Leber congenital amaurosis (LCA) is a group of inherited retinal degenerative diseases characterized by nystagmus and blindness that typically manifest in the first year of life. As with several retinal degenerative diseases, many forms of LCA involve dysfunction of photoreceptor cilia. Mutations in the CEP290 gene are the most common cause of LCA, implicating CEP290 as a major contributor to the disease. CEP290 encodes a large protein proposed to regulate protein transport through the photoreceptor connecting cilium spanning the inner and outer segments. Using a mouse model of CEP290-mediated LCA, the rd16 mouse, we have found that the relative severity of Cep290 phenotypes in mice is highly sensitive to genetic background. Here, we propose experiments using mice that take advantage of this background sensitivity to identify genetic modifiers of Cep290-mediated retinal degeneration. Identification of these modifiers has both basic, and clinical, significance. From a basic biology perspective, studies of genetic modifiers can uncover basic biological functions of CEP290, photoreceptor cilia, and their gestalt contributions to retinal disease in a physiologic context. From a clinical perspective, identification of genetic modifiers offers an opportunity to identify therapeutic surrogates. The premise for our current proposal, its feasibility, and evidence of our ability to conduct quantitative modifier studies of retinal degeneration all stem from a relatively large body of recent work. We have performed large genetic crosses with mice and identified quantitative trait loci modifying retinal disease severity of mice homozygous for the Cep290rd16 mutation. Among regions of the genome identified as particularly important, our current proposal focuses on the Modifier of retinal degeneration quantitative trait locus 1 (Mrdq1) located on mouse chromosome 12. A unique feature of this modifier that has aided our ability to identify its molecular basis is that it shows imprinting?its influence varies according to parent-of-origin. Using physical mapping in combination with a study of retinal expressed genes that are imprinted, we have identified an overt mutation within a previously unstudied microRNA that is highly likely to be the causative mutation. Experiments of this proposal describe the work to stringently confirm that we have identified the precise mutation underlying the Mrdq1 modifier (Specific Aim 1), and begin to study its mechanisms of action through identification of downstream targets of the microRNA present in photoreceptors. At completion, we expect this work to have impact on CEP290-mediated LCA, as well as promote a better understanding of how two understudied phenomena, gene regulation via microRNAs and imprinting, influence retinal disease.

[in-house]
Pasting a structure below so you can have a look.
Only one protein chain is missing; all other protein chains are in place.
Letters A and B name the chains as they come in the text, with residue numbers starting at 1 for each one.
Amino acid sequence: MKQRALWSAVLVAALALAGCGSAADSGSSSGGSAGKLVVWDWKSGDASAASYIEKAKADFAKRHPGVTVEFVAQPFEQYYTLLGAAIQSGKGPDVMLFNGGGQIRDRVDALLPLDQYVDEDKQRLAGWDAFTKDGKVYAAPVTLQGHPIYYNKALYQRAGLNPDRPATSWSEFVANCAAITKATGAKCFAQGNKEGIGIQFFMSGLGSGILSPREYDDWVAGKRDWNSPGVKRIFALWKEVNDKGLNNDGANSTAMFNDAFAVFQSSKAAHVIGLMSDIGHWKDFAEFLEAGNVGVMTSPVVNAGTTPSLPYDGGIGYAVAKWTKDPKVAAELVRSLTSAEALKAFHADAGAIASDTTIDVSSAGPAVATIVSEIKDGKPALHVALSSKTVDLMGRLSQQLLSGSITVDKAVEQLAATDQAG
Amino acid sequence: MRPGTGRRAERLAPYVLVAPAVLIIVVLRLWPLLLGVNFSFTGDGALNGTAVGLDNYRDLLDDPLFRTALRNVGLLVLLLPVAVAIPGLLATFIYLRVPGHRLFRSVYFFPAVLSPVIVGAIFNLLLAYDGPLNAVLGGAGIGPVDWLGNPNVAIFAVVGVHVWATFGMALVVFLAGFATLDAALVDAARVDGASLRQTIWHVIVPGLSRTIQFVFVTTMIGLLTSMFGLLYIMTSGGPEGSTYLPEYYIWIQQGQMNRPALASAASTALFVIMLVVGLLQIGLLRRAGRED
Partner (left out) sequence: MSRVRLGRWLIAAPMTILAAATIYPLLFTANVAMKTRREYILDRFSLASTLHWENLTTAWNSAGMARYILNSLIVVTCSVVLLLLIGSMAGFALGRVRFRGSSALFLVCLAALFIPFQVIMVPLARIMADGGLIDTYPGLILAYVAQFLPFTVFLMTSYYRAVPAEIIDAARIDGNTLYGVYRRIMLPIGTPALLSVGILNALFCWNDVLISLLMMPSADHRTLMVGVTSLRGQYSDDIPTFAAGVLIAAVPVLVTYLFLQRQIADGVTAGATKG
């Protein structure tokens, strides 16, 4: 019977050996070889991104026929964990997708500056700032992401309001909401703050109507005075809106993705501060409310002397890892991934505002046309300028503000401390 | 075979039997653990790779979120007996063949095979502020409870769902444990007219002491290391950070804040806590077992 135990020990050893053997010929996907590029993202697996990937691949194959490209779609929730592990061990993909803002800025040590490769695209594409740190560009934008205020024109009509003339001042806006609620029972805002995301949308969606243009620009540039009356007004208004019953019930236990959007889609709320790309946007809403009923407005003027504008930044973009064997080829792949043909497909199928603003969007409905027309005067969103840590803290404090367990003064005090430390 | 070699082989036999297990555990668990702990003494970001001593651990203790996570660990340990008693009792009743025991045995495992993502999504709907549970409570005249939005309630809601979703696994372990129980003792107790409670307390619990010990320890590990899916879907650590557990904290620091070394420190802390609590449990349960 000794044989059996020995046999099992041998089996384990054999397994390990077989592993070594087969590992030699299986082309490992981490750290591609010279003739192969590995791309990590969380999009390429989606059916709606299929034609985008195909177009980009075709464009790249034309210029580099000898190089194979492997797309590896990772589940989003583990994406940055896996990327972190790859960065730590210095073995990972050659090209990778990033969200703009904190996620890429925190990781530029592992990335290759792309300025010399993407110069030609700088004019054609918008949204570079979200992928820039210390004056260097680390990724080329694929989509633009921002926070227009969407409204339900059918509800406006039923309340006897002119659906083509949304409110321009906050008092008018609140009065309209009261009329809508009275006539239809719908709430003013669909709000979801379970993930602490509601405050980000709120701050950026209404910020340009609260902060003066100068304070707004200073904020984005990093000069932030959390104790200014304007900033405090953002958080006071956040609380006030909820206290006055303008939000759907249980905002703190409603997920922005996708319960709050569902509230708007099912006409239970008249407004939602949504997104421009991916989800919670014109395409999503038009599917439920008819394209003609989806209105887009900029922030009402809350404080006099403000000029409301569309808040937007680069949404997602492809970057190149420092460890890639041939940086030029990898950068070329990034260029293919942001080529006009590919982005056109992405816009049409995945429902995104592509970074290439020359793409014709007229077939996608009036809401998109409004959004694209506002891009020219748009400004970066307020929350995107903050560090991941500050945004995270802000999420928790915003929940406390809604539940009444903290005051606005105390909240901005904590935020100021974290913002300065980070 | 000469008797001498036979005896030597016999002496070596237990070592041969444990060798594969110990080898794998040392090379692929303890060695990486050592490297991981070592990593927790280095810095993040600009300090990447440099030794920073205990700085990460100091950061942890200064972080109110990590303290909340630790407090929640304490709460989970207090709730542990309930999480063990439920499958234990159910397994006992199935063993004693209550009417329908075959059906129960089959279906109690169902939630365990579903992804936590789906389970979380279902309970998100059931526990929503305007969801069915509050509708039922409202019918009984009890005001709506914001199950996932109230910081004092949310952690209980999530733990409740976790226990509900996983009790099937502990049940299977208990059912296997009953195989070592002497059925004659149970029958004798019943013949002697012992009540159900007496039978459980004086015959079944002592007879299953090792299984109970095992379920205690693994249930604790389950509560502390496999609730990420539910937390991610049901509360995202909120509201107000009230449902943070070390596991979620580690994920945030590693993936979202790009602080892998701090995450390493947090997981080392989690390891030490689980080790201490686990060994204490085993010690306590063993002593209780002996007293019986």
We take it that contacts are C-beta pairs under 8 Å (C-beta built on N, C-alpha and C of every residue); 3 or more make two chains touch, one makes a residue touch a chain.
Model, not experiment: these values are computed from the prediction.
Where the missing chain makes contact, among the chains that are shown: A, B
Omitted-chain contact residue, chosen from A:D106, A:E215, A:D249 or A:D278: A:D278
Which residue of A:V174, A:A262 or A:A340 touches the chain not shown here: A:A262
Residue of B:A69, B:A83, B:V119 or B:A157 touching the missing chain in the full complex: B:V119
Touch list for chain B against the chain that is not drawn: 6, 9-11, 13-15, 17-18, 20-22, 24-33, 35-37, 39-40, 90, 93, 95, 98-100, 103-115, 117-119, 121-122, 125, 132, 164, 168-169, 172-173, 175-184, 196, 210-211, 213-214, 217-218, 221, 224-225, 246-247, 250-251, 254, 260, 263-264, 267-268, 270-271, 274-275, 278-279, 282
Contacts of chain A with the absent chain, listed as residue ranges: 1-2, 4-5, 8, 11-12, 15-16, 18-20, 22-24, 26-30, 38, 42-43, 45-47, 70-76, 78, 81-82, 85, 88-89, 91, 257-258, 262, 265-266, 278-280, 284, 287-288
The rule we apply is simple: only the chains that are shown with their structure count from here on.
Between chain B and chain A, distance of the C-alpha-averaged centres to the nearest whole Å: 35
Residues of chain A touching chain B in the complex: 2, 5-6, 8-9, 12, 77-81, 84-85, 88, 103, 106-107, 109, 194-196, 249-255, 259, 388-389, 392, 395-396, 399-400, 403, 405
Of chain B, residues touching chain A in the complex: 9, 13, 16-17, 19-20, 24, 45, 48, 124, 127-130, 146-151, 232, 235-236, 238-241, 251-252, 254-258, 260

Public Health Relevance

Leber congenital amaurosis (LCA) is a group of inherited retinal degenerative blindness characterized by death of the light sensing photoreceptor cells of the outer retina. While some forms of LCA are treatable by gene therapy, the most common form, which is caused by mutations in the CEP290 gene, is currently untreatable. The objective in this proposal is to study features of CEP290-mediated biology that are currently hurdles to our basic scientific understanding of how this gene contributes to disease and how we might develop new strategies for treating CEP290-mediated LCA.

National Institute of Health (NIH)
National Eye Institute (NEI)
Exploratory/Developmental Grants (R21)
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Special Emphasis Panel (ZRG1)
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Shen, Grace L
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University of Iowa
Schools of Medicine
Iowa City
United States
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